India contributes the highest number of under-vaccinated or unvaccinated children to the global figures under “zero-dose children” at 3.5 million. This is an increase of 1.4 million amid the Covid-19 pandemic since 2019, UNICEF’s latest report revealed.
“Over 3 million of these “Zero-dose Children” in 2020 lived in India,” the United Nations Children’s Emergency Fund (UNICEF) noted in a statement. “India was severely hit due to the Covid-19 pandemic, and had an increase of 1.4 million compared with 2019.”
South Asia has witnessed around 4.4 million children who did not receive any routine vaccination in the last ten years.
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The data also indicates that ten countries worldwide account for 62% of all under- or unvaccinated children.
UNICEF report said India had 2.1 million unprotected children in 2019, while Pakistan had witnessed 1.3 million unprotected children in 2020 alone. This is an increase of 0.4 million as compared to 2019 numbers.
Unprotected children are those who are exposed to viruses as they have either been partially vaccinated or unvaccinated.
“Most of these children did not even receive a single vaccine during the year which is an indication that the most vulnerable, hard-to-reach children are paying the steepest price for pandemic-related interruptions to getting access to the vaccine,” report stated.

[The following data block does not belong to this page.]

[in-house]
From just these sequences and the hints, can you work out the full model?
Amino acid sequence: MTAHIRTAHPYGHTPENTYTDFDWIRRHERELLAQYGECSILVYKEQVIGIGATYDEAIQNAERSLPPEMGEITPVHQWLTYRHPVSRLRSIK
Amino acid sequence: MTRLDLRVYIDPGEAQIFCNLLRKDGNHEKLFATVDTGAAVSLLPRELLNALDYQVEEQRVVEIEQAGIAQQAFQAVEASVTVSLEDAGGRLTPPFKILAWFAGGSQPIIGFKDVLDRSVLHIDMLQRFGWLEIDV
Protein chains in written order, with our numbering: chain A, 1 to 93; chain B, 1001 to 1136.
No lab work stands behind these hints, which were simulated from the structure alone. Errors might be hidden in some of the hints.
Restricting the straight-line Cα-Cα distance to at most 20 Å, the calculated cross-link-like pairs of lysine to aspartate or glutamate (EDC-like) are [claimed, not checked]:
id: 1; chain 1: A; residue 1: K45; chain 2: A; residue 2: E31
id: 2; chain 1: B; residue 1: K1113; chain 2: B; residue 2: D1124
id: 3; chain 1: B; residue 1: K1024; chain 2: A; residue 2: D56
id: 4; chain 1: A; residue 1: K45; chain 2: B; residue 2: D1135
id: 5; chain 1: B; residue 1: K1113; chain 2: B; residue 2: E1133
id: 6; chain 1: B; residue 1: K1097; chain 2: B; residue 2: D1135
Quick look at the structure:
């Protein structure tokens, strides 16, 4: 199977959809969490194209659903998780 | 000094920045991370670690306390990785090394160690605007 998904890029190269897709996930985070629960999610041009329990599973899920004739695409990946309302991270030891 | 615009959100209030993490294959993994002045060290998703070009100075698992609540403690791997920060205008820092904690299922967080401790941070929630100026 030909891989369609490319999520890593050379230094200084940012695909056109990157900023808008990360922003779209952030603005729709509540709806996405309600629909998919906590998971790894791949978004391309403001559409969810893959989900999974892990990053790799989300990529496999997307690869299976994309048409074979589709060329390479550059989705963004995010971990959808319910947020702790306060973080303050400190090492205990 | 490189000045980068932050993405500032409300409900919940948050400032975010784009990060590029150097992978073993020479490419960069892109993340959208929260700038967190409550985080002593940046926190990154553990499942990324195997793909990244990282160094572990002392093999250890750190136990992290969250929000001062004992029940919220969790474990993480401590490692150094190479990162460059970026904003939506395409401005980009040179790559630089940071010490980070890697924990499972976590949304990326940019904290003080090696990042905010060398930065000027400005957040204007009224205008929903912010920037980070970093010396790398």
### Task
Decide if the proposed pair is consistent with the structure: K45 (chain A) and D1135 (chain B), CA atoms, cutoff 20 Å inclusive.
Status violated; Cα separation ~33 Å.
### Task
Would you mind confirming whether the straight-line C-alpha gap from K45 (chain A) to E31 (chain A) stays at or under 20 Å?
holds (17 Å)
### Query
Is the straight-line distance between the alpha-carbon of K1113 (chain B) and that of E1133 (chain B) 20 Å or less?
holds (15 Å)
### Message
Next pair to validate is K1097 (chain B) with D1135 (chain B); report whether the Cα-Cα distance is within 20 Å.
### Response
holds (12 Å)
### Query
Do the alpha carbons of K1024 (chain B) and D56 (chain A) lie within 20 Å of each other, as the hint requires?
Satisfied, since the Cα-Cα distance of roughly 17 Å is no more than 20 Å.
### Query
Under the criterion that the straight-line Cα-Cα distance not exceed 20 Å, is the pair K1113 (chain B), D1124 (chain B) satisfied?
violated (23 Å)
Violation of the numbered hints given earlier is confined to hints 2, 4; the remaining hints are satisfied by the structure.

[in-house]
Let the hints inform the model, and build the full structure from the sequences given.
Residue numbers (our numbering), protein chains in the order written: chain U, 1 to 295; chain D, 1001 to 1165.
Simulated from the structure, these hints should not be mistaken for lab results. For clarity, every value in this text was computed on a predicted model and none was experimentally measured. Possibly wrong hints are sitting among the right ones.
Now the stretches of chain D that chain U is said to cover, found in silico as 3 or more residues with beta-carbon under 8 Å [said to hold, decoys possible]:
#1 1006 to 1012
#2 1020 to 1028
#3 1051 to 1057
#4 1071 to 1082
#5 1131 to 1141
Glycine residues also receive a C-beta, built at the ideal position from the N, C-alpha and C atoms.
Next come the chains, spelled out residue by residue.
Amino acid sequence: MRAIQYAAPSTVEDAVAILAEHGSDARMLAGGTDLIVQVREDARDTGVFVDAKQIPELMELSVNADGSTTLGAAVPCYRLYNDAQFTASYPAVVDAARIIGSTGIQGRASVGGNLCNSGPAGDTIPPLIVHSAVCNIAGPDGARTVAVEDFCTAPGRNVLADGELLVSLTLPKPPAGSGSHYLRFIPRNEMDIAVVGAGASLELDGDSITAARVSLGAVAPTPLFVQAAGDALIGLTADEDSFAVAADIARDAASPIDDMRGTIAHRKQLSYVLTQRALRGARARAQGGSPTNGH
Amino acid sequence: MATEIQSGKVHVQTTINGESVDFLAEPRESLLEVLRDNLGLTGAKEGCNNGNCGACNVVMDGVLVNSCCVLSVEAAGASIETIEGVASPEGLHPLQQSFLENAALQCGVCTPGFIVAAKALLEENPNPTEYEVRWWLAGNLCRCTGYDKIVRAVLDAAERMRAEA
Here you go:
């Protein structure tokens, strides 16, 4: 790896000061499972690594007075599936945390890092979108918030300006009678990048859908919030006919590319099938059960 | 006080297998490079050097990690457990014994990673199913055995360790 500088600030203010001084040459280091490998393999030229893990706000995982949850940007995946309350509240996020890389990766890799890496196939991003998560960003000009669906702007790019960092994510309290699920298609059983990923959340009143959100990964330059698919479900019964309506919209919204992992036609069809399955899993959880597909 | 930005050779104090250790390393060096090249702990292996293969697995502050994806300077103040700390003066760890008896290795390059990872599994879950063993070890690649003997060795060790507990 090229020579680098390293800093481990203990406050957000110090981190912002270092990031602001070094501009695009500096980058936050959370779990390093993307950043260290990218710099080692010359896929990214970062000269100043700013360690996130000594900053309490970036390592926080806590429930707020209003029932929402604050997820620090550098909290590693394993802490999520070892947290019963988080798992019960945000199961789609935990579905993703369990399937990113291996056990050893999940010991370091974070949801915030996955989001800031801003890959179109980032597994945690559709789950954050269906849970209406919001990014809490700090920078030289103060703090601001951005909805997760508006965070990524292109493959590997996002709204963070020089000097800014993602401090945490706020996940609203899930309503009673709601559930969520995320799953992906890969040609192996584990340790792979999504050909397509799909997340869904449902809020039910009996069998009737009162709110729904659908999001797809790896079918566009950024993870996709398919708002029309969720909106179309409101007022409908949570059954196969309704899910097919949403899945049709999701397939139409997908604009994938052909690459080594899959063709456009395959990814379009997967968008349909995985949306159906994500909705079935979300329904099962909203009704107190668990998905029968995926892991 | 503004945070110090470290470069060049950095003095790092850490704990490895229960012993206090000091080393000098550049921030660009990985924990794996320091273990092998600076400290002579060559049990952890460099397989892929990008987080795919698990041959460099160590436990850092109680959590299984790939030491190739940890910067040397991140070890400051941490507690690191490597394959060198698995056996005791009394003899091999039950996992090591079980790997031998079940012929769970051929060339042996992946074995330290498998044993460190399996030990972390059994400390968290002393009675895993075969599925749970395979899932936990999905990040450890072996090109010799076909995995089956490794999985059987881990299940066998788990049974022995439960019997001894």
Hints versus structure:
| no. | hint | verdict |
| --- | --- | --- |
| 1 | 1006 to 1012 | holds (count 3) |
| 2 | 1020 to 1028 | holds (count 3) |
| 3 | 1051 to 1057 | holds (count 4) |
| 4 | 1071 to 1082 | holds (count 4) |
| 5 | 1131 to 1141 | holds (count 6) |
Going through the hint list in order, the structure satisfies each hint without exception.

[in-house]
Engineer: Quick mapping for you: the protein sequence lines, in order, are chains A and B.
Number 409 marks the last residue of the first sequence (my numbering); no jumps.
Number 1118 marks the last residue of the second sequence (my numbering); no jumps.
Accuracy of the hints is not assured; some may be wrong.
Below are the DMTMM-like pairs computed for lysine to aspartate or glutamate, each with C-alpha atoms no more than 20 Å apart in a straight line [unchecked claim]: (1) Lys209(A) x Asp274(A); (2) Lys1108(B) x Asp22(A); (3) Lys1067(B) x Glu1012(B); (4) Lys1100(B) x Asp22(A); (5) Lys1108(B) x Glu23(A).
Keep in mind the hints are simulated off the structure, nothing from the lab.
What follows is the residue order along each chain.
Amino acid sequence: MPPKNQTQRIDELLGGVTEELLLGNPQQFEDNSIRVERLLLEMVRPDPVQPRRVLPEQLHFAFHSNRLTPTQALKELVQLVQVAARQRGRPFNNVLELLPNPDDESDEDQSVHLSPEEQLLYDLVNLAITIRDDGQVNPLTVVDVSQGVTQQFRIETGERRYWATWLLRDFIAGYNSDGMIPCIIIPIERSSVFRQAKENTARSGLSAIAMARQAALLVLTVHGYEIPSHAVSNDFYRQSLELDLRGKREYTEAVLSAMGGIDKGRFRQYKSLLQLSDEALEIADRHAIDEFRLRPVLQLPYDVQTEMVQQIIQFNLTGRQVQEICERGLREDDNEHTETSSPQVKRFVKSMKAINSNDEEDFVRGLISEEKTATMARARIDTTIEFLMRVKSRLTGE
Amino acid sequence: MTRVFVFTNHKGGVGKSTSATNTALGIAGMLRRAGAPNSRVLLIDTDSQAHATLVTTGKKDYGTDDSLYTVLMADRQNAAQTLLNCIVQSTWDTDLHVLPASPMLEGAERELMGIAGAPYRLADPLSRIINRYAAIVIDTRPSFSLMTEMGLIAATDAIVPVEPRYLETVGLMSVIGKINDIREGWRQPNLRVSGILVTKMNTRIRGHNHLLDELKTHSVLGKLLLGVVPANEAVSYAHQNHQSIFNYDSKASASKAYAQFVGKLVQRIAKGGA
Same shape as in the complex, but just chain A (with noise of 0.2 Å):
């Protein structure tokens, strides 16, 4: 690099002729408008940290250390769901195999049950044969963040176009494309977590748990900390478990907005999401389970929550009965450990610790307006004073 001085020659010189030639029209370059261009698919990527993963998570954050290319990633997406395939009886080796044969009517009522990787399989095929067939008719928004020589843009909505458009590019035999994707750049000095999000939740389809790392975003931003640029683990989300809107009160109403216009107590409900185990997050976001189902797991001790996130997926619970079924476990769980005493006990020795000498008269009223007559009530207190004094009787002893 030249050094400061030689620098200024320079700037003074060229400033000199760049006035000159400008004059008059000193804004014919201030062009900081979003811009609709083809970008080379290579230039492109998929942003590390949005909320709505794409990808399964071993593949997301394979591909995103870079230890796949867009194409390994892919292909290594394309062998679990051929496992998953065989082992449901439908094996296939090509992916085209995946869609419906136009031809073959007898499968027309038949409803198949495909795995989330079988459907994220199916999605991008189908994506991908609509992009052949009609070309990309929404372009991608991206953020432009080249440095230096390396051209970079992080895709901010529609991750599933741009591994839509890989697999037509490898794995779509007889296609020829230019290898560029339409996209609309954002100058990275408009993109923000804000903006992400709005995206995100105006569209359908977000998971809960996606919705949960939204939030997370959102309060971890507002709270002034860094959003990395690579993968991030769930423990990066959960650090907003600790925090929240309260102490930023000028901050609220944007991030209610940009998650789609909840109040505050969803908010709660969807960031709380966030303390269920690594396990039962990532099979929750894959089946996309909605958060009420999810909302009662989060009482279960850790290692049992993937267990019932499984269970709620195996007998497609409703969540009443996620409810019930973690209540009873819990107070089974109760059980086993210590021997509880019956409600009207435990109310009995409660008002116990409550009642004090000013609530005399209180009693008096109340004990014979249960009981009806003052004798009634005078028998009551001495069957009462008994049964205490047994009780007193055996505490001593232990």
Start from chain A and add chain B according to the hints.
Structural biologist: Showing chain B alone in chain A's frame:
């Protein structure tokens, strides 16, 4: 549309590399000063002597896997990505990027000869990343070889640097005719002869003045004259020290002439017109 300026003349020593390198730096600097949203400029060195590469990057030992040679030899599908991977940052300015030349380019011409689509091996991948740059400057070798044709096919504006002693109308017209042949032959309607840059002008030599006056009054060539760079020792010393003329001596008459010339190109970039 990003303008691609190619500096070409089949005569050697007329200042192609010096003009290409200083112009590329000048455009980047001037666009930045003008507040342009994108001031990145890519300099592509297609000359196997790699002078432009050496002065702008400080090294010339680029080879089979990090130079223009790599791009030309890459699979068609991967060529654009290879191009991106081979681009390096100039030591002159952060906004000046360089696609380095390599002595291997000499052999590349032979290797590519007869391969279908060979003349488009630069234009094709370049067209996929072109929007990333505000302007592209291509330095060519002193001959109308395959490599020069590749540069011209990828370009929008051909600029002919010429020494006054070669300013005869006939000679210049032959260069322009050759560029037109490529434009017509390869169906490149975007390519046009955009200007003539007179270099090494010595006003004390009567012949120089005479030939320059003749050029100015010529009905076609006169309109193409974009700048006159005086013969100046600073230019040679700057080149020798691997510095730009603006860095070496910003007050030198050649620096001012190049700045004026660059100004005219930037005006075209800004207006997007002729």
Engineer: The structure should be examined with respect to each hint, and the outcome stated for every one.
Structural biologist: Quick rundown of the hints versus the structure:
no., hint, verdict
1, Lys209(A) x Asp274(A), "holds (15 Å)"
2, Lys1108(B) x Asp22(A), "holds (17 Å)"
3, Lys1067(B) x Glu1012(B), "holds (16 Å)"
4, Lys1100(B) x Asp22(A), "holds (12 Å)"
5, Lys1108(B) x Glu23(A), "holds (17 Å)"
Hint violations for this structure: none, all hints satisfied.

Elaborating on the drops in types of vaccination, including DTP3 (diphtheria tetanus pertussis), the vaccination rates are reduced by 9% and 7% in Nepal and Pakistan, respectively. However, Sri Lanka slipped by 3% to vaccinate children with the DTP3 vaccine; Bhutan and Afghanistan recorded a decline of 2%. India fails to immunize 6% of its children with the DTP3 vaccine.
Keeping this view in mind, UNICEF has decided to partner with the Indian government to offer help to continue essential health and immunization services by planning, implementation, and monitoring of various strategies to detect and inoculate missed children.
The children’s body also aims to support creating awareness and confidence among communities to vaccinate their children and reinforcing the chain to promote immunization routinely.